Kandiyohi targets its 'most wanted'
WILLMAR -- When it comes to weed control, Kandiyohi County now has its own Most Wanted List.
Most important, it has new funding and a three-county cooperative program aimed at tracking down invasive plants.
The Soil and Water Conservation District office in Kandiyohi County is working with its counterparts in neighboring Stearns and Pope counties and the Nature Conservancy to lead an aggressive campaign to control invasive plant species.
Leafy spurge, common tansy, purple loosestrife, spotted knapweed and wild parsnip are the top five targets, but the newly-launched cooperative weed management program is by no means limited to these plants.
Rick Reimer, Kandiyohi County SWCD, said the new program aims to work with private landowners, and local governments and organizations, to control all types of invasive plants in the county.
Its emphasis is on controlling invasive plants in the northern tier of townships, but the program is available for all areas of the county.
The goals are both environmental and economic, according to Reimer. On the environmental side, plants like leafy spurge crowd out native grasses in prairie, conservation lands and road ditches, and degrade their habitat value to wildlife.
Purple loosestrife invades wetlands. It offers no food value to wildlife, while displacing the vegetation that does.
Invasive plants take a major economic toll, too, noted Reimer. These undesirable plants replace desirable plants like alfalfa and grasses and offer little nutritional value to livestock.
The Minnesota Board of Water and Soil Resources awarded funding to the three counties and Nature Conservancy to work cooperatively on the weed control effort.
The Nature Conservancy is interested in protecting native prairie communities in the three counties, especially at protected sites such as the Ordway Prairie.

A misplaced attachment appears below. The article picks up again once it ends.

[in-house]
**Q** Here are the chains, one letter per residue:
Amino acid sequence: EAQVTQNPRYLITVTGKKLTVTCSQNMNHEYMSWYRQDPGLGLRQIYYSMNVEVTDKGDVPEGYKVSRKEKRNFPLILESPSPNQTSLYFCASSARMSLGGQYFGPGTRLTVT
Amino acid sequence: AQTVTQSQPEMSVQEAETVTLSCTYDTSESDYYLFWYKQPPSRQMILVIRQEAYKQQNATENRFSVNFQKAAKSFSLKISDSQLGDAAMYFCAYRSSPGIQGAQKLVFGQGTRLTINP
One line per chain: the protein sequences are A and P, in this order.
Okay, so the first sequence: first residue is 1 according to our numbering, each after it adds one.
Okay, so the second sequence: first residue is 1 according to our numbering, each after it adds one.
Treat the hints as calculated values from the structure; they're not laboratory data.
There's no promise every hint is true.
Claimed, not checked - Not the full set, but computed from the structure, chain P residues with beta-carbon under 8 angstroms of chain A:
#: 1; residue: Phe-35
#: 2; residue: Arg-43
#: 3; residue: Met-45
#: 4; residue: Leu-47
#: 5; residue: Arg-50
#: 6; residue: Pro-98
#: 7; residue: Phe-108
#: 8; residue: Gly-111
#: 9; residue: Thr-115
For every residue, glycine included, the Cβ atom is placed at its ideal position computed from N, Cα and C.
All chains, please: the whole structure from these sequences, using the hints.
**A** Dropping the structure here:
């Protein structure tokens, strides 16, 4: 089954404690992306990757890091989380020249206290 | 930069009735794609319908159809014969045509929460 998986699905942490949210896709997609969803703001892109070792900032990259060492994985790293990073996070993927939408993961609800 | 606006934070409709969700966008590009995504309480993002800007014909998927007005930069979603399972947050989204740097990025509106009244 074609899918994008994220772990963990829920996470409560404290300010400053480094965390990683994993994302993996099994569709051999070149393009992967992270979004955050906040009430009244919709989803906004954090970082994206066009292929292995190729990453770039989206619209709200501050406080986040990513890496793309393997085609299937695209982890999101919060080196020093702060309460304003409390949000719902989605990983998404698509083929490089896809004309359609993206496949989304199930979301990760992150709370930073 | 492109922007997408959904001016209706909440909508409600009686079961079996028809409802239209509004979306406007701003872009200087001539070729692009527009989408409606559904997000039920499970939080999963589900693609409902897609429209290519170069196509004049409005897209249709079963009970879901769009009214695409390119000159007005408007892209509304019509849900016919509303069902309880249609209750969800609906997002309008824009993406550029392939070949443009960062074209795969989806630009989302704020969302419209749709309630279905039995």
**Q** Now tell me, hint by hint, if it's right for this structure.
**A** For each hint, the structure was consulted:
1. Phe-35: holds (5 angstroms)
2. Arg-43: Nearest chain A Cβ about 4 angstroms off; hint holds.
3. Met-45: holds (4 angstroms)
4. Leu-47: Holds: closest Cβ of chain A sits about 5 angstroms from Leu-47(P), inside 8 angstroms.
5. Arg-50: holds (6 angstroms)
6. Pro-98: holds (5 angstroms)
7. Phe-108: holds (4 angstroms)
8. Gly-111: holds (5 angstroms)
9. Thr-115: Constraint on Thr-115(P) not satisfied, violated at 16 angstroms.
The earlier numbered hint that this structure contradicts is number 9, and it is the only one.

The funding will make it possible to assist landowners with a variety of efforts to control the invasive plants, said Reimer. The three offices and Nature Conservancy will offer technical assistance and funding on a cost-share basis.
Reimer said management for some of the invasive plants can be difficult. For example, the best means of controlling leafy spurge is usually biological. There is a beetle that feeds on the plant and often provides better control than either herbicides or regular mowing, he explained.
Reimer said the program is already drawing interest.
Among the first to call was Cheryl Eblen, clerk for the Roseville Township board of supervisors. Eblen noted that weed control along township roads is costly for the township, and any help is appreciated.
Canadian thistles are the most evident problem along township roadways, said Eblen.
Thistles stand out and are easily recognized, and represent a serious issue on disturbed and neighboring lands in the county, Reimer noted.
He also said that the problems with invasive plants are far more pervasive than people realize. One of the project's goals is to educate people about invasive plants and help them learn how to identify the invaders. Once they learn to recognize and look for invaders like leafy spurge, people soon discover just how widespread it is.
Reimer is hoping that the education effort will also lead people to report weed problem areas to the SWCD office, so that it can work with landowners or government units to control the weeds. The SWCD will also use GPS technology to record the locations of infestations, and monitor the effort to control them.
There are key areas -- such as haul roads and other disturbed areas -- where invasive plants take a choke-hold. They are often widely dispersed by the traffic occurring in these areas.
Those seeking assistance with weed control on private or public lands, or know of problem areas, are encouraged to contact the SWCD office in Willmar at 320-235-3906.